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Re: Often patients with ankle fractures that are stable, and thus do not  [#permalink]

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21 Oct 2018, 23:06
Vithal wrote:
Official Guide for GMAT Verbal Review, 2nd Edition

Practice Question
Question No.: 45
Page: 134

Often patients with ankle fractures that are stable, and thus do not require surgery, are given follow-up x-ray because their orthopedists are concerned about possibly having misjudged the stability of the fracture. When a number of follow-up x-rays were reviewed, however, all the fractures that had initially been judged stable were found to have healed correctly. Therefore, it is a waste of money to order follow-up x-rays of ankle fracture initially judged stable.

Which of the following, if true, most strengthens the argument?

(A) Doctors who are general practitioners rather than orthopedists are less likely than orthopedists to judge the stability of an ankle fracture correctly.

(B) Many ankle injuries for which an initial x-ray is ordered are revealed by the x-ray not to involve any fracture of the ankle.

(C) X-rays of patients of many different orthopedists working in several hospitals were reviewed.

(D) The healing of ankle fractures that have been surgically repaired is always checked by means of a follow-up x-ray.

(E) Orthopedists routinely order follow-up x-rays for fractures of bone other than ankle bones.

Conclusion:
- it is a waste of money to order follow-up x-rays of ankle fracture initially judged stable.
In other words, when a fracture is initially judged stable, it is stable. No need to get a follow up x ray. The orthos do a get enough job when they review the fracture as stable initially.

So we need to strengthen our conclusion.

(A) Doctors who are general practitioners rather than orthopedists are less likely than orthopedists to judge the stability of an ankle fracture correctly.
This does not strengthen our conclusion. We don't know whether sometimes general practitioners judge the initial stability of fractures but if they do, actually we do need to have a follow up x ray (since they may not do as good a job as orthos)

(B) Many ankle injuries for which an initial x-ray is ordered are revealed by the x-ray not to involve any fracture of the ankle.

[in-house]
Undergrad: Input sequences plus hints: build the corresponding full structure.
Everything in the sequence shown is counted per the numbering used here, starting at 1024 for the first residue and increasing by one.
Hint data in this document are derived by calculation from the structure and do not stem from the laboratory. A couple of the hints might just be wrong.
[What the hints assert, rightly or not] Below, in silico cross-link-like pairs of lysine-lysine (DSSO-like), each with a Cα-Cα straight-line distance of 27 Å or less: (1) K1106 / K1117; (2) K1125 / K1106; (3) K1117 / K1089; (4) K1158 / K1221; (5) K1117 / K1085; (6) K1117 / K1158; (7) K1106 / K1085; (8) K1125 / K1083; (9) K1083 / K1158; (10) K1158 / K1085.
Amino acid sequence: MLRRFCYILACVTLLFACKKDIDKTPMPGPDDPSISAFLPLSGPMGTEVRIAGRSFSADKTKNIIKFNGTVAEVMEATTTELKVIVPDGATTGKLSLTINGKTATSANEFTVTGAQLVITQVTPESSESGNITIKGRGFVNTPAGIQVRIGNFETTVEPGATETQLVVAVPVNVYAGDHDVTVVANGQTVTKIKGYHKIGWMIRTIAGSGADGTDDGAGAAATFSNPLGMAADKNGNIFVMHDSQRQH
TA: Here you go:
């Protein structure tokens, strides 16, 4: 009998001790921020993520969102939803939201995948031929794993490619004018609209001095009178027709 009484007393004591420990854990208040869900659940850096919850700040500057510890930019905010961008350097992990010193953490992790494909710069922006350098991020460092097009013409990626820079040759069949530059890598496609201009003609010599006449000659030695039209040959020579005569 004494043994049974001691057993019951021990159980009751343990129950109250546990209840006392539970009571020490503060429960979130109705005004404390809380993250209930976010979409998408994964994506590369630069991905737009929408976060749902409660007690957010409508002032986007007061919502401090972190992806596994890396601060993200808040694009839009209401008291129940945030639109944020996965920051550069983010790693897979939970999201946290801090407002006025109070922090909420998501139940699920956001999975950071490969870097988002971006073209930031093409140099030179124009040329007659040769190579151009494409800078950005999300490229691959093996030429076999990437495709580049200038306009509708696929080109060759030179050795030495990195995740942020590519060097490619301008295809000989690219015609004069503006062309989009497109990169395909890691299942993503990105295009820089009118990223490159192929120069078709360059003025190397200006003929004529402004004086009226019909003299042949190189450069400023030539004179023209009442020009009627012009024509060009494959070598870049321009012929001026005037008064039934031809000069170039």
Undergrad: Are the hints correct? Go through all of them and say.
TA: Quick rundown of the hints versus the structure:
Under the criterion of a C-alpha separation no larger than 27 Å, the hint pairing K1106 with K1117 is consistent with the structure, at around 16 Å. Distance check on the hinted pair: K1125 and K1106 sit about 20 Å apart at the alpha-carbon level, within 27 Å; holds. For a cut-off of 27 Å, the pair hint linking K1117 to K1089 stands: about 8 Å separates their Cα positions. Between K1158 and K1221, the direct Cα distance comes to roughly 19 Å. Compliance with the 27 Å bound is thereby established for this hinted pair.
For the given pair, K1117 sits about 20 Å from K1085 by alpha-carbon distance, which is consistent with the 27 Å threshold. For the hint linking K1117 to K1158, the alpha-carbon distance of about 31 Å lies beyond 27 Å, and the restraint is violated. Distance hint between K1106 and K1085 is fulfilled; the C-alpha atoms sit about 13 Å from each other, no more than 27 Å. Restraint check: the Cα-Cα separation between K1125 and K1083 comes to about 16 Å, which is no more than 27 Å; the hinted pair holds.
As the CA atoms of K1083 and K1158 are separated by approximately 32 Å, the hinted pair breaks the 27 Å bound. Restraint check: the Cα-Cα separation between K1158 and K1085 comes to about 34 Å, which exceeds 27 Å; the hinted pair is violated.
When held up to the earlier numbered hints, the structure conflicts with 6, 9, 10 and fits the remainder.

Irrelevant. This talks about injuries which are not fractures. We are only concerned about ankle fractures which are initially judged stable. Rest of the injury universe is irrelevant to us.

(C) X-rays of patients of many different orthopedists working in several hospitals were reviewed.
This is interesting. We are concluding that we don't need follow up x rays, that orthos are capable of identifying stable fractures initially itself. If we had reviewed various diff orthos from various diff hospitals, it means that generally, orthos are capable. It strengthens our conclusion. Say if most of the x rays reviewed were of a single ortho, can we say that we don't need to get a second x ray done? What if that particular ortho is capable but others are not? Checking the skills of various orthos helps better establish that a second x ray if not needed. This is the answer

(D) The healing of ankle fractures that have been surgically repaired is always checked by means of a follow-up x-ray.
This is talking about ankle fractures which are not deemed stable initially (since they need surgery). Again, this is outside the scope of our argument. What happens with unstable ankle fractures we don't care. The only relevant topic is "ankle fractures which are initially judged stable".

(E) Orthopedists routinely order follow-up x-rays for fractures of bone other than ankle bones.
Again, as we said before, rest of the injury universe is irrelevant to us.

Answer (C)
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Re: Often patients with ankle fractures that are stable, and thus do not &nbs [#permalink] 21 Oct 2018, 23:06

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# Often patients with ankle fractures that are stable, and thus do not